Understanding Materials - Kate's Fun Art

Understanding Materials

April 1, 2019

We all just want to be great at whatever project we set our sights on, don't we?  So what if we've never done it before! 

When I first started taking art classes, I thought the teachers were unimaginative and just filling time by having us make color charts and value scales in class.

Hah! That's why they were the teachers and I was the student.

As I encountered new art materials, I realized it was well worth the investment of time to make color charts to start learning about them. What does the color look like when it is applied to a surface? If it's water soluble, how does it change when it gets wet? Often the applied color looks quite different from the color source (crayon, paint, pencil, etc.) I keep these charts handy and have referred to them often over the years.

The same principles apply to fabric and batting. I had a project in mind and an idea of how I wanted it to look but no real clue of how to do it. I also had a brand new fancy sewing machine that was light years beyond what I had been using.

Prior to this project, all my painted wholecloths had been on cotton. I wanted to use a shiny fabric to stitch my design and then color parts of it. So I made a small sample using the slippery polyester and the machine I could barely thread. The result was thin and limp, not at all like I wanted it to be. (And not pictured here.)

Serendipity stepped in when I saw a small quilt made with two layers of batting. Some stitching had been done through one layer of batting, some was done through both layers. The light bulb went off and I stitched another sample. You can see that one in the photo - "2 layers of batting".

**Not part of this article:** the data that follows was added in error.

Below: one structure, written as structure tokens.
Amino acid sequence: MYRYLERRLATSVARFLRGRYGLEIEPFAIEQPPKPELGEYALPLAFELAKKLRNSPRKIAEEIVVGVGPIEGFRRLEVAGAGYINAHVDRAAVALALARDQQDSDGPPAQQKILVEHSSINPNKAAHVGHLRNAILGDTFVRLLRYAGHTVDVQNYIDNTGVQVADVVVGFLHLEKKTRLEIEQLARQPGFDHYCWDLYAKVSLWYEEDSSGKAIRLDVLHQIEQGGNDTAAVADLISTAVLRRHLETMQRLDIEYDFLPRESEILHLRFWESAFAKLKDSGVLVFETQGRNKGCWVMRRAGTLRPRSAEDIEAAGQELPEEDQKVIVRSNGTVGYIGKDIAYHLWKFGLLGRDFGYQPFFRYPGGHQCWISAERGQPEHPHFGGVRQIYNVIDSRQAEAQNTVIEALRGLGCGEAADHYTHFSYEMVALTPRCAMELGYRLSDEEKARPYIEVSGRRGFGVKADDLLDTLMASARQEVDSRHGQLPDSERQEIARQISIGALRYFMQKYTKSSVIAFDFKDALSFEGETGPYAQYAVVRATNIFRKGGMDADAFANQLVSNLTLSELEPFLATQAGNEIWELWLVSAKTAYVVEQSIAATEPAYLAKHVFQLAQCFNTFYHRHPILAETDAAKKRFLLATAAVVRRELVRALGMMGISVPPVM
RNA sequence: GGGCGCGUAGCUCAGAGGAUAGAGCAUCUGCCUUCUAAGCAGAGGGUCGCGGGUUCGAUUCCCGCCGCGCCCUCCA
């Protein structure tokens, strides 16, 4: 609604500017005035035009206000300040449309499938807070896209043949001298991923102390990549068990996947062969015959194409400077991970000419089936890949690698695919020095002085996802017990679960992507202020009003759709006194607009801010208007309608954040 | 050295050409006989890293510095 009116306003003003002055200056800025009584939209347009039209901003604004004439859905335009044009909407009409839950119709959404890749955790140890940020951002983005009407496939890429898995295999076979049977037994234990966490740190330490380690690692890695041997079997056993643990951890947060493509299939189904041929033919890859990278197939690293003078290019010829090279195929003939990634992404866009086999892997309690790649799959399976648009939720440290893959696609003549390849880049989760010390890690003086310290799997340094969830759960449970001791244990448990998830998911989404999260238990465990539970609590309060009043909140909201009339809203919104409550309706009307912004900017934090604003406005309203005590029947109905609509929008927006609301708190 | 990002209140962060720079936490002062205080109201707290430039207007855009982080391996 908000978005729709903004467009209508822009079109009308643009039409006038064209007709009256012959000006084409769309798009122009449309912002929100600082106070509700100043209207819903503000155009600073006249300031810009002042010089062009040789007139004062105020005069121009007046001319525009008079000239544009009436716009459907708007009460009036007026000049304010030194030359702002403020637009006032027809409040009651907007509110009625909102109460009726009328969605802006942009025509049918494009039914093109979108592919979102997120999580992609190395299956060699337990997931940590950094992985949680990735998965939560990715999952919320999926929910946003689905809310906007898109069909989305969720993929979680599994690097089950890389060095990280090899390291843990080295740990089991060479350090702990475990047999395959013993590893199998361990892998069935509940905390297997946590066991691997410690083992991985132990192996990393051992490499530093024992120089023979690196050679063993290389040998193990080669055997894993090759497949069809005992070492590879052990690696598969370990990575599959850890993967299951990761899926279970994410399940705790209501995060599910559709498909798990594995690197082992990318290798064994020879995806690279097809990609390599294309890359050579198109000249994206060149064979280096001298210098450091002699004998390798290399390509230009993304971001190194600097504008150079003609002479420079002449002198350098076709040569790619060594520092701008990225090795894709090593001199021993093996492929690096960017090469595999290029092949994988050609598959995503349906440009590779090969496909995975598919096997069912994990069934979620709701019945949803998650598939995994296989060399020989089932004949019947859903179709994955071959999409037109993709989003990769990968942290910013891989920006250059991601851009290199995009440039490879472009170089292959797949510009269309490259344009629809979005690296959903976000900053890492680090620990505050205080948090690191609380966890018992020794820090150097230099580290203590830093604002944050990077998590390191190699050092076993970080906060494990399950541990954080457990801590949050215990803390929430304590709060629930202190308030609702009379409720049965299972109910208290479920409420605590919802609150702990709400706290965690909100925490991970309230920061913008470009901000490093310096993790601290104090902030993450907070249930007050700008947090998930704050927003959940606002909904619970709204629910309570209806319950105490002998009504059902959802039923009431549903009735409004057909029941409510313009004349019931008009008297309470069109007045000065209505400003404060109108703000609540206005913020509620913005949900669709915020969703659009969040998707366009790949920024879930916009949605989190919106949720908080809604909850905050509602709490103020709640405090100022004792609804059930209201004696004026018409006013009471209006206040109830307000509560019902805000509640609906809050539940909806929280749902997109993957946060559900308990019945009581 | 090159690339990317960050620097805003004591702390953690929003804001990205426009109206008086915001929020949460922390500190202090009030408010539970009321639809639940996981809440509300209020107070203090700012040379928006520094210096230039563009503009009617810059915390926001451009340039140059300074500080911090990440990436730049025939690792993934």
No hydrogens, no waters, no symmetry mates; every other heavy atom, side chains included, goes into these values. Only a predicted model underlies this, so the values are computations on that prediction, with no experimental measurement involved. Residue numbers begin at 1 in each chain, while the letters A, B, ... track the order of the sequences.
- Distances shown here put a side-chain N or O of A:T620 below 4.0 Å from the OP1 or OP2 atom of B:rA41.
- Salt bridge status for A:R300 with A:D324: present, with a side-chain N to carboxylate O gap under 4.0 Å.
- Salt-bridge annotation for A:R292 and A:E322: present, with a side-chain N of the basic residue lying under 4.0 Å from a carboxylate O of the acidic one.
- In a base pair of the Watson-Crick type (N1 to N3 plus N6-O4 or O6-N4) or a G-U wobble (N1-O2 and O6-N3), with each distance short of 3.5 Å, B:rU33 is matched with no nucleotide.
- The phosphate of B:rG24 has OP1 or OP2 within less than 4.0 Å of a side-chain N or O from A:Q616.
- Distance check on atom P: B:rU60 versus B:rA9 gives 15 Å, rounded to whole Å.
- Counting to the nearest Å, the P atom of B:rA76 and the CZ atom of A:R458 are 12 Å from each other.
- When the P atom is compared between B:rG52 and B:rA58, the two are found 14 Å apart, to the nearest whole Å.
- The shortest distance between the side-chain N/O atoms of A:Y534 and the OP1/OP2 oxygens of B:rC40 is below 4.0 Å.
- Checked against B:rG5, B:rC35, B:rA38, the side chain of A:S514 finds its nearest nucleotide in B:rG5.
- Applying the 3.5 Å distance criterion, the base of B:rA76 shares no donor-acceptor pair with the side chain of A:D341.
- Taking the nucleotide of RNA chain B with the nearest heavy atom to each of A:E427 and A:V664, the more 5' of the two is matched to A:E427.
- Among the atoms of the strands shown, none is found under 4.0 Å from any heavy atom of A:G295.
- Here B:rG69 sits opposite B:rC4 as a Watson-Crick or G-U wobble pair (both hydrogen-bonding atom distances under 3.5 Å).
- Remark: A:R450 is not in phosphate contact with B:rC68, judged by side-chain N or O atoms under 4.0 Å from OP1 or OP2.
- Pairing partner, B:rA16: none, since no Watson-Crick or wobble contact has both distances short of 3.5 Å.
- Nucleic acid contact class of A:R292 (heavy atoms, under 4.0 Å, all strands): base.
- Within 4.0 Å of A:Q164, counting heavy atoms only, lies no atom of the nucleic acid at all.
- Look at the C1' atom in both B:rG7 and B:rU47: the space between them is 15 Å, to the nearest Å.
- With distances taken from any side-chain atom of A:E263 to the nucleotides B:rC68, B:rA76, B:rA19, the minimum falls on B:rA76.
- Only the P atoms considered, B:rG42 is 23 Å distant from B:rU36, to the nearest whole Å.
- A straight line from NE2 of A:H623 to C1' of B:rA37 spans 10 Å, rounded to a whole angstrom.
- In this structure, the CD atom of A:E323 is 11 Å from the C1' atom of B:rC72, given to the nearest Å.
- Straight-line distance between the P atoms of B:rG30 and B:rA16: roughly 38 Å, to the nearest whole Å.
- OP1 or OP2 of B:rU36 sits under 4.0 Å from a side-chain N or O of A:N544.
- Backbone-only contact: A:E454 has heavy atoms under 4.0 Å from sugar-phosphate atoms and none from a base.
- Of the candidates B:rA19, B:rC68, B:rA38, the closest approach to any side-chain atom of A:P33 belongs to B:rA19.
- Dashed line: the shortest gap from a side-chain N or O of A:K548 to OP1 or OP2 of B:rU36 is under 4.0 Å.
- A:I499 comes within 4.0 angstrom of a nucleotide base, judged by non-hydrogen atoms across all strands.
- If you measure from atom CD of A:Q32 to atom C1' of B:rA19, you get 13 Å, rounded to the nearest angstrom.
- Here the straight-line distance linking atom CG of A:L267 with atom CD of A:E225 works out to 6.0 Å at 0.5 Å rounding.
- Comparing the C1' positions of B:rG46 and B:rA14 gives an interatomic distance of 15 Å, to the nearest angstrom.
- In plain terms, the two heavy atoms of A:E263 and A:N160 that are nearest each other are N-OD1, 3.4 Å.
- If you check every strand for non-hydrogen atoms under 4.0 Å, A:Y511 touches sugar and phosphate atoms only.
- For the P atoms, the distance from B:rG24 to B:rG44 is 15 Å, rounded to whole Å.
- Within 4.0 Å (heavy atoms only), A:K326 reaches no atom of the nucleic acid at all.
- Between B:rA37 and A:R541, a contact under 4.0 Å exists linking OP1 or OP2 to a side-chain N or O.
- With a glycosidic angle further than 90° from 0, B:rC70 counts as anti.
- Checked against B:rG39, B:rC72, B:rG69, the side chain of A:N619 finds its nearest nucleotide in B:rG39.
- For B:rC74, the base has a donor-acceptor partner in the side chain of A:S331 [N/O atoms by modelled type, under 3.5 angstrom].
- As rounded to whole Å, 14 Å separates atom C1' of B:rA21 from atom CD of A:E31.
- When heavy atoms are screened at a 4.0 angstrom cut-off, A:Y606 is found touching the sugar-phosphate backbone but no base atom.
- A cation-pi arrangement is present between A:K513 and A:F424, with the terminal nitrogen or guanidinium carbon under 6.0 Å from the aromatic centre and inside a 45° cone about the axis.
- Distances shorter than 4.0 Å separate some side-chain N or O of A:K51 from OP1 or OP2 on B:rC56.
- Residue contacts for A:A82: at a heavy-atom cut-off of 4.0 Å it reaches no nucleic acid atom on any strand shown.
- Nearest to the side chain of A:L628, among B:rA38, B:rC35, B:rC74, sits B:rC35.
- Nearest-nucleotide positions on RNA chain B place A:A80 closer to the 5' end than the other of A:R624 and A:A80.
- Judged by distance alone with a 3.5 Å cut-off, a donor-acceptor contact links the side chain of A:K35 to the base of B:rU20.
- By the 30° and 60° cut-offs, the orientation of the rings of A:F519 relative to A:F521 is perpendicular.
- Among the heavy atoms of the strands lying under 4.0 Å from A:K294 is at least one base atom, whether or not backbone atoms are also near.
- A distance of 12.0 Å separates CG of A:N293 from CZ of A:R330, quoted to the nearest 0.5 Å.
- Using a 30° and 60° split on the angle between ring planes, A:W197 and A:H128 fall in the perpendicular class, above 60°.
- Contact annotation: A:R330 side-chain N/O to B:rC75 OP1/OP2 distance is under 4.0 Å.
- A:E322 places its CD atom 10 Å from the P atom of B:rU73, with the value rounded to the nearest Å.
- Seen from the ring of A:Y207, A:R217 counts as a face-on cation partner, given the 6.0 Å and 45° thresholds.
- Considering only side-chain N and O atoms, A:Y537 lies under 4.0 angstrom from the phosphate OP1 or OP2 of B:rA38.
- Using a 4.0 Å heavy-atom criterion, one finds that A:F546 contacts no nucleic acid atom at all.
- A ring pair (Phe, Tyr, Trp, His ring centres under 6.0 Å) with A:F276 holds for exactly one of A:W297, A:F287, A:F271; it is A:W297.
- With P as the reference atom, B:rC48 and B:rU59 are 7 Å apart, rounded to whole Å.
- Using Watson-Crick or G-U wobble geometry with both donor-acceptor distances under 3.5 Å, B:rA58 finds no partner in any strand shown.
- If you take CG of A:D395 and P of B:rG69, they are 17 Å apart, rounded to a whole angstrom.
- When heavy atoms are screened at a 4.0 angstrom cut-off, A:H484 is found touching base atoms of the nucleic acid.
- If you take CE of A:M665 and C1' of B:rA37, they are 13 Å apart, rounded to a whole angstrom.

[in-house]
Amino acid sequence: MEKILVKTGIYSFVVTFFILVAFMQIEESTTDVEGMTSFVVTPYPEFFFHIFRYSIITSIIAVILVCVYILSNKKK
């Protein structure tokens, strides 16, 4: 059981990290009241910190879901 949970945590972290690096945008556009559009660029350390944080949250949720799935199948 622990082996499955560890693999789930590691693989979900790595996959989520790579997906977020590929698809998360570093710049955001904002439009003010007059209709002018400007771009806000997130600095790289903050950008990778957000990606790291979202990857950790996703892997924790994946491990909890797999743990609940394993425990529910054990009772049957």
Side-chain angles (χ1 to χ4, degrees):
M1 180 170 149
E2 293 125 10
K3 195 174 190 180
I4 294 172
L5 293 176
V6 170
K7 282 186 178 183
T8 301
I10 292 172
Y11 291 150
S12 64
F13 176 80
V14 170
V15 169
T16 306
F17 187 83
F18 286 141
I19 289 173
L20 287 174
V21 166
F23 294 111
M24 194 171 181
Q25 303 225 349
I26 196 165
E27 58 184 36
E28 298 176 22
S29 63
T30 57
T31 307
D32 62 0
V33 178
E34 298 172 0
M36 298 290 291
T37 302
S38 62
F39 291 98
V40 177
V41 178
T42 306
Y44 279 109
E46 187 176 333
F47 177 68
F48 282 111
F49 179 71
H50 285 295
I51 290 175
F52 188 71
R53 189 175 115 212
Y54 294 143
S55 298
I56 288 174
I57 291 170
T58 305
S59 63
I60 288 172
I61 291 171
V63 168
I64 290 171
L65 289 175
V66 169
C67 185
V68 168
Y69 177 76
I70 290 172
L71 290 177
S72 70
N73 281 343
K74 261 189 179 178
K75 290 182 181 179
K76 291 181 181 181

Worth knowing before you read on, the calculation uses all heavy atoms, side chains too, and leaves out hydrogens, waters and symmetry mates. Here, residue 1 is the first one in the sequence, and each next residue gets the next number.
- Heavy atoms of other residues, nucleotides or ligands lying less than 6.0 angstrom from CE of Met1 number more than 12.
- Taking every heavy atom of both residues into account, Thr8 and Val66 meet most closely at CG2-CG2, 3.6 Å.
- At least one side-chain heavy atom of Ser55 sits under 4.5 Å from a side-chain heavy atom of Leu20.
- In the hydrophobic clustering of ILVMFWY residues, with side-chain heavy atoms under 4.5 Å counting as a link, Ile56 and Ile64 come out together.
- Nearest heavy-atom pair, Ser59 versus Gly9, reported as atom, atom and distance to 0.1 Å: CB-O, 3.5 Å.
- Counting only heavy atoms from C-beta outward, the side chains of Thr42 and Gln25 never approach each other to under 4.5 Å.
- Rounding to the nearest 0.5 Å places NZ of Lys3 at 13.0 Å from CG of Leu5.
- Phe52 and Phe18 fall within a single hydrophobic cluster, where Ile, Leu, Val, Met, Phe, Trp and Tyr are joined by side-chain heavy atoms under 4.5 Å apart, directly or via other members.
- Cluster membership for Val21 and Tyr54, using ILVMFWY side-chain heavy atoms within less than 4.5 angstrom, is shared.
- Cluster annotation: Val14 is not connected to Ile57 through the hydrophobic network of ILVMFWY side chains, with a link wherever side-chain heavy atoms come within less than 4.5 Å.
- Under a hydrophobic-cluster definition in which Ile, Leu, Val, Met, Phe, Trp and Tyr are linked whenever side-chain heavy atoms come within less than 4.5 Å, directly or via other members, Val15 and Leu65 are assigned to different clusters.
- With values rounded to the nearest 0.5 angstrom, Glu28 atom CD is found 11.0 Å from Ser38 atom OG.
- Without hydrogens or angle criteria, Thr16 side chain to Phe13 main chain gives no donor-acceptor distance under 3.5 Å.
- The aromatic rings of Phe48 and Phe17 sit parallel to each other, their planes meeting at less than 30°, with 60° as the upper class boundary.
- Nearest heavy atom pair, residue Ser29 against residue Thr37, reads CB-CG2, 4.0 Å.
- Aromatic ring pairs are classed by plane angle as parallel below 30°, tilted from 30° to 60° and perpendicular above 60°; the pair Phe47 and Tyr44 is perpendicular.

Still searching for what I had pictured in my head, I continued making samples using different combinations of batting and key design elements from the line drawing until I was finally satisfied I had a good chance of being successful. I was/am grateful to have many creative people in my life who are willing to share suggestions.


Knowing how details blur together, I was smart enough to write down what I did on each sample so they can be useful to me again in the future.



Next I needed to understand how the color would behave on this shiny fabric. I tried many different colorants on sample #2 and labeled each one. The inks bled like crazy and it was important that the coloring stayed in the lines.


It was time for a new color chart.



I used every suitable medium I had in the house, recorded the order of application, heat set it, cut it in half, washed the bottom part, then sewed it back together so I could check for colorfastness. The top two pieces are on cotton: sample #2 and the little one next to it are on the same fabric I chose to use for the project.

Before even starting on the actual piece, I learned about the sewing machine, the fabric, the embellishments, the coloring and the quilting. The end result is much better than it would have been had I not invested the time to understand the materials.



Here is piece K of "Le Jardin" before finishing the edges.


You'll get to see the entire project in a future blog.


Spoiler alert, the ten person collaboration project, "Le Jardin", was juried into the spring 2019 quilt show in Paducah, KY.

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